Diary Of The Dead


Reviewed by: Chris

Diary Of The Dead
"Diary Of The Dead’s own script does its best to kill off the film."

My usual criterion when watching a movie is, did it entertain, inspire or educate me? Diary Of The Dead did none of these. It might have acceptably passed the time as a filler at an all-night horror festival. It wasn’t. It was another DOA wheeled out by one-hit-wonder George A. Romero (who made the best zombie film ever - back in 1968 - but has refused to lie down and stop breathing ever since).

It would be nice to say the grandmaster of zombie films (he makes little else) has returned with full vigour. He hasn’t. His original film is still the industry standard on zombies. But he has never really managed a new take on the theme. We’ve had The Evil Dead, which outpaced him on terror. We’ve had Braindead and Shaun Of The Dead which were funny. We’ve had pastiche in the form of Planet Terror. And we’ve had 28 Days Later, which was quite stylish. We’ve even had superior cult offerings in the form of Re-Animator. You might not have liked all those films, but at least they had different angles. Romero doesn’t. His best effort is the now rather passé device of a video diary. The diary is unrealistic; comparisons between zombies and terrorists - and then swarms of migrants - are badly thought out. The acting is atrocious, and even the characters don’t seem scared, so why should the audience?

Copy picture

If that doesn’t put you off, then I am sure you will enjoy it very much. The plot follows a group of film students making a zombie movie. Their efforts are interrupted by an outbreak of a virus worldwide which brings dead people back to life. Zombies pick the students off – did you guess? - as they try to escape first in a camper van and then to a fortified mansion. Undeterred by this threat, our dedicated scholars continue filming, editing their work, and uploading it to the internet. I should say at this point that Romero fans can have great fun looking out for his cameo, or spotting famous voices posing as newsreaders. These include Wes Craven, Stephen King, Quentin Tarantino, Guillermo del Toro and Simon Pegg. All very clever. (The media are initially trying to do a cover-up – they could have helped more by making his film for him.)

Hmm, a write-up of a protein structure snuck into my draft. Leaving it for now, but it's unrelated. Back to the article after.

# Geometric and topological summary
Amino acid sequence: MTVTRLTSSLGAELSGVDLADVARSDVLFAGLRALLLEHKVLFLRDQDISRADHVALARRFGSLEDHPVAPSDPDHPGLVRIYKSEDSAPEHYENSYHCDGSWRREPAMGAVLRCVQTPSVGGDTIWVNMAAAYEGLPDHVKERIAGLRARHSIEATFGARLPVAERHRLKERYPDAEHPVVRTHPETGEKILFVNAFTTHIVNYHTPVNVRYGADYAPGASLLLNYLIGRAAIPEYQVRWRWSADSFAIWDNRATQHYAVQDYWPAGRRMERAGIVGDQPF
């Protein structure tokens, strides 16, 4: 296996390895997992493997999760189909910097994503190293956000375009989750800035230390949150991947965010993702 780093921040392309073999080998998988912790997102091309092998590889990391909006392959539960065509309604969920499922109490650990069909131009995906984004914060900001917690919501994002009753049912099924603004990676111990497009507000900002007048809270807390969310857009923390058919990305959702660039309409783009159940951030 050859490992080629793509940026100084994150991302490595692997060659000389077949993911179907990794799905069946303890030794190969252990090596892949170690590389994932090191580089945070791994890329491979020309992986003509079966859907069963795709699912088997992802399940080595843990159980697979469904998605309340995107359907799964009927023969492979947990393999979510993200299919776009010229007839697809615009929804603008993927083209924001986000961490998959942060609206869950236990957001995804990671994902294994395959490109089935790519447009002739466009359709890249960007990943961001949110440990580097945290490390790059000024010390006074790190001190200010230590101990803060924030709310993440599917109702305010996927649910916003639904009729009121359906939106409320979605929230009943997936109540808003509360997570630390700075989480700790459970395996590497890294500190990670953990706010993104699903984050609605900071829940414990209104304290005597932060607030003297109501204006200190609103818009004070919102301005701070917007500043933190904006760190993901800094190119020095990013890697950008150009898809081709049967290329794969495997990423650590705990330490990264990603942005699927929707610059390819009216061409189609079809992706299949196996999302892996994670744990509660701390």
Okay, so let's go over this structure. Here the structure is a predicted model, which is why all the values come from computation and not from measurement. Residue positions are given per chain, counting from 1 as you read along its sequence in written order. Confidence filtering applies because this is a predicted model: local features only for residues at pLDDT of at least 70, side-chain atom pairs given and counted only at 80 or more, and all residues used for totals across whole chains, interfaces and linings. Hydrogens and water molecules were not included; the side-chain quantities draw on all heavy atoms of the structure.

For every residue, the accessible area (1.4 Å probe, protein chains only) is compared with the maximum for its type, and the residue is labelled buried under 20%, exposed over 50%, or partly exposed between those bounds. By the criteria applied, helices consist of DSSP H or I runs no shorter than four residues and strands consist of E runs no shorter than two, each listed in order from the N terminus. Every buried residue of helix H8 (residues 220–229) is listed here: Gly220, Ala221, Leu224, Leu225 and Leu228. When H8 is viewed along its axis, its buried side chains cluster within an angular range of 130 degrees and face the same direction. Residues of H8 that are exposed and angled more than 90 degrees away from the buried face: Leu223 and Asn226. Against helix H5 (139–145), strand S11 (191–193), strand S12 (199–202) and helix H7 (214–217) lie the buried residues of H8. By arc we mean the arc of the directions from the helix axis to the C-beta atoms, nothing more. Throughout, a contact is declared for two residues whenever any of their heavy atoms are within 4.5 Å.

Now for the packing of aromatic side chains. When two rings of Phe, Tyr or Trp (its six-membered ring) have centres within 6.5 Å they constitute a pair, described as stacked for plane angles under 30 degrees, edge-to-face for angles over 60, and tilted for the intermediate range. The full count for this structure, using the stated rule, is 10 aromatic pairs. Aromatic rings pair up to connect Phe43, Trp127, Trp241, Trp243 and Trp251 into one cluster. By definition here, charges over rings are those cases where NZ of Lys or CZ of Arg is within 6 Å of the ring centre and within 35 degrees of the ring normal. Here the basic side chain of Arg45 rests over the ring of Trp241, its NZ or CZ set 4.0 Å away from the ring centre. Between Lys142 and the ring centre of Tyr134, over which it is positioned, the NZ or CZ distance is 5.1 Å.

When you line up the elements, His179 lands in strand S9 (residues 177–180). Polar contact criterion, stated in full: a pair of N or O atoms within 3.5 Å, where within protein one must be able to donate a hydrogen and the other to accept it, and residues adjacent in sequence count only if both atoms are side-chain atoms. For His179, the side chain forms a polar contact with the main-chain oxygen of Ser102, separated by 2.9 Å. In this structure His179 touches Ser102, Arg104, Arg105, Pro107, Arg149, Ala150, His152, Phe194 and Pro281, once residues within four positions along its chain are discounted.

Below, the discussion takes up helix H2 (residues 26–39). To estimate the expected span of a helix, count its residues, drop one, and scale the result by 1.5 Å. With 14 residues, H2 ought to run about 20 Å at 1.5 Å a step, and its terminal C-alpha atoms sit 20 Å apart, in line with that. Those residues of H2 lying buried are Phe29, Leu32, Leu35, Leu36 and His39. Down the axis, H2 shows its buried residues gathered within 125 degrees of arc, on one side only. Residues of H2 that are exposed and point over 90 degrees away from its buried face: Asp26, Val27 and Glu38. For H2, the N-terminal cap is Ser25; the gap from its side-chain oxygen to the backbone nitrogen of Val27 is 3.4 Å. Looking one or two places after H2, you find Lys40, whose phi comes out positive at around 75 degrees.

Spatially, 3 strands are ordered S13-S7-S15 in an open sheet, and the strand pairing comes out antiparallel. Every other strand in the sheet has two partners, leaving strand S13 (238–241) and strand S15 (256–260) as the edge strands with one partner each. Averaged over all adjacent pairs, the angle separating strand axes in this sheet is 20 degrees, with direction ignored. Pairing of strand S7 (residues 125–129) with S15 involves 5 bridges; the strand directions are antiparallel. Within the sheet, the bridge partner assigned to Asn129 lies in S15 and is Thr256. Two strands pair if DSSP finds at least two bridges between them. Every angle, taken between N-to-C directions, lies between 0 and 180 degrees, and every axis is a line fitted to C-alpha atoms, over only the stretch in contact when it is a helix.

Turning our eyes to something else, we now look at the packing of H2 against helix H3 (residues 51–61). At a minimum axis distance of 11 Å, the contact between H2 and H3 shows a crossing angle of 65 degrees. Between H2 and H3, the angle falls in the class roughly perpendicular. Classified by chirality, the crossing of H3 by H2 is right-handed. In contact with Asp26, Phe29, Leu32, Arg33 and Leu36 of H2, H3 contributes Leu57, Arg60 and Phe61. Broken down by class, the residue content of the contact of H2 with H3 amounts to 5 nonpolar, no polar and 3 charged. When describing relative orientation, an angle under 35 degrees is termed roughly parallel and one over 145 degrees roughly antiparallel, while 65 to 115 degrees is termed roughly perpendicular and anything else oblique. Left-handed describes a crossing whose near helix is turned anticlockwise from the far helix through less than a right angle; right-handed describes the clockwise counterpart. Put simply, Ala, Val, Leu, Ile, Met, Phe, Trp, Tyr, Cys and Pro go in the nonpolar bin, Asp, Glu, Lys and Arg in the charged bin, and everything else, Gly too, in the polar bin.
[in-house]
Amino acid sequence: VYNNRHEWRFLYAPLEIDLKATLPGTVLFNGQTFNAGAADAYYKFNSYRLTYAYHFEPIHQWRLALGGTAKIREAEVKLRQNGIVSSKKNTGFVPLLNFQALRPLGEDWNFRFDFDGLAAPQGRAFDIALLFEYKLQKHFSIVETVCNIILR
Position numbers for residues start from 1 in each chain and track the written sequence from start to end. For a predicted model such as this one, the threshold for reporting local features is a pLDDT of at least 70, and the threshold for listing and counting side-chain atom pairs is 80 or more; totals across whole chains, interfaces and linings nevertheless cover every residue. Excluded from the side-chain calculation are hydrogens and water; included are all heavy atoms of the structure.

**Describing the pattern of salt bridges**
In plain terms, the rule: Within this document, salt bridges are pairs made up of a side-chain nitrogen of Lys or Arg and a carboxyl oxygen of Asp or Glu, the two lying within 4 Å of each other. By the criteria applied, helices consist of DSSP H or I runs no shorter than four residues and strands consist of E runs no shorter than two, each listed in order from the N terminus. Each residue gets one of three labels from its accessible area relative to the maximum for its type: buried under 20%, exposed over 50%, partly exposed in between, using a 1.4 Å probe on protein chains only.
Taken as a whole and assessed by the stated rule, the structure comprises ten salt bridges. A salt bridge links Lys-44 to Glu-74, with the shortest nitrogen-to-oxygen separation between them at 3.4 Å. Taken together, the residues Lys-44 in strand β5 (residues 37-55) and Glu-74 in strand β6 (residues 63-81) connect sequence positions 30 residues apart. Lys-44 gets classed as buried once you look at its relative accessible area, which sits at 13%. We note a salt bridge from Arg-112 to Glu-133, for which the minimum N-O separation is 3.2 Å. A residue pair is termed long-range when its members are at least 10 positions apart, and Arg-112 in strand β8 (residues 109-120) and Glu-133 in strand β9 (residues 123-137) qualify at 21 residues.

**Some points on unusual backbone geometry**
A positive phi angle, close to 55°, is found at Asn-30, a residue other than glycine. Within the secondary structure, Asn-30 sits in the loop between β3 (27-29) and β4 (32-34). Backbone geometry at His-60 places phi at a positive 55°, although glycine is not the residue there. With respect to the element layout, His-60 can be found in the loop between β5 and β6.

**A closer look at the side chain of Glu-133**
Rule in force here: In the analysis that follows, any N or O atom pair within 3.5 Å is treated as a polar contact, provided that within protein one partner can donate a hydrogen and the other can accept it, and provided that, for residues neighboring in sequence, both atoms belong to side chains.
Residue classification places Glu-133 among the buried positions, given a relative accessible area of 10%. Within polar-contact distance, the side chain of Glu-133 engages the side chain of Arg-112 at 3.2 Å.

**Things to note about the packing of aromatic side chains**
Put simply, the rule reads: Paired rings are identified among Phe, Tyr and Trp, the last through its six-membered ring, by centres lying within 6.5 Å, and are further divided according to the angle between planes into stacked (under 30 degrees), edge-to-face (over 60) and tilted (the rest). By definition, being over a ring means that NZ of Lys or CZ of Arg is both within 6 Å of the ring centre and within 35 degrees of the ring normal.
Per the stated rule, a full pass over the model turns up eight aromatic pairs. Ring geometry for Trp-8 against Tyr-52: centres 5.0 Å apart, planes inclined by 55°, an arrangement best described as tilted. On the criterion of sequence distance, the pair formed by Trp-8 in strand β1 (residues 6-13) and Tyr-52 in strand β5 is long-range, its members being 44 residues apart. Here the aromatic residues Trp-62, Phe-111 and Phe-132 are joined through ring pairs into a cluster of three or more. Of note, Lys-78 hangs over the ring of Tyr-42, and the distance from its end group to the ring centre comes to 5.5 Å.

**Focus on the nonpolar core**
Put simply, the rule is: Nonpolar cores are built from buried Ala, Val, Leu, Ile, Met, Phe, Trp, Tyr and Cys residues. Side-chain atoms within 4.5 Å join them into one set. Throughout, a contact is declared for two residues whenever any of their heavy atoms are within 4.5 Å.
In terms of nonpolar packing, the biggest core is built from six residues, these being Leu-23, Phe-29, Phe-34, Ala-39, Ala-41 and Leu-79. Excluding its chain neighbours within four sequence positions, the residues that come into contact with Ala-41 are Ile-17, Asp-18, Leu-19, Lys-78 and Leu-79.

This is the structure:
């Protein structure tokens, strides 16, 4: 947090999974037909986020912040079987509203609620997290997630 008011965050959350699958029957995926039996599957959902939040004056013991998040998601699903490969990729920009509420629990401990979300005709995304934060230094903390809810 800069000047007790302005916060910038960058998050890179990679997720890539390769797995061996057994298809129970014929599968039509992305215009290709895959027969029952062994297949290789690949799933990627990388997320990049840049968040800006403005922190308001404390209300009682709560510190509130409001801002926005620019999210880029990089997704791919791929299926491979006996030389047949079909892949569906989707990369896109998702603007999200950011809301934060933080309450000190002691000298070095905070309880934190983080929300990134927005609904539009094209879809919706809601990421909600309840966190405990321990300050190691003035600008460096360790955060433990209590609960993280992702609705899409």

Diary Of The Dead’s own script does its best to kill off the film. One character remarks “a $100,000 education and I can’t even find my way out of warehouse.” Another, “in the end it’s all just noise.” And the clincher, “you’re supposed to be affected but you’re not.”

This talentless affair came as a surprise to me. Barely before the opening credits had finished, an intertextual montage of movies within movies, blogs, downloads, were brilliantly edited together and gave me high hopes. But the visual ideas were short-lived, as were the script references. “The president continues to monitor things from his ranch,” reminiscent of GWB's delayed response to 9/11, lead me to believe there would be scintillating references that likened zombies to terrorists. In poorer taste, an immigration theme rears its head. Hoards are “crossing the border.” A promise of descent into animal behaviour with “what gets into our heads when we see something horrible?” was also poorly followed up. A pun between the shooting of guns and shooting film was repeatedly laid on very thick without leading anywhere.

There are some nice touches, but not nice enough. A zombie gets his head burnt away with acid and is impressively gory. Occasionally there are cutesy lines: “He looked nice. You know – not dead.” (If I could believe it was parody I might have liked it.)

But the video diary idea was done much better in The Blair Witch Project or the very unpretentious Cloverfield (released just before Diary Of The Dead hits our screens). Having worked with film students, I found the ones portrayed very unconvincing. Maybe not in Romero’s day, but film grads and undergrads today work with incredible precision, conscious of the costs involved. Romero’s students looked like uneducated high-schoolers given an expensive camera and no academic training. Footage, in spite of gimmicks like date displays in the left hand corner, is often unconvincing. Zooming in to hold a video phone clip in sharp frame, without even a steadycam, and with the phone user’s head miraculously vanishing, was impressive – especially in a moving vehicle.

Diary Of The Dead will still appeal to fans. They will be more forgiving. I have enjoyed many a Troma film that is much, much worse, but this didn’t do it for me. It lacked vitality and originality. It was a disorganised, irritating mess.

There was one character I liked. It was a deaf and dumb Amish farmer, coolly throwing sticks of dynamite at the undead. If only the other characters had been so well-developed. If this is the only film showing at your cinema, I strongly suggest you lock yourself in the house until the programme finds new life.

Reviewed on: 28 Feb 2008
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Film students try to record the end of civilisation as they know it when the dead begin to walk. Plus read our with George A Romero.
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Read more Diary Of The Dead reviews:

Tony Sullivan ****
Scott Macdonald ****
Keith Hennessey Brown ***1/2

Director: George A Romero

Writer: George A Romero

Starring: Michelle Morgan, Joshua Close, Shawn Roberts, Amy Ciupak Lalonde, Joe Dinicol, Scott Wentworth, Philip Riccio, Chris Violette, Tatiana Maslany, Nick Alachiotis, Matt Birman

Year: 2007

Runtime: 95 minutes

BBFC: 18 - Age Restricted

Country: US

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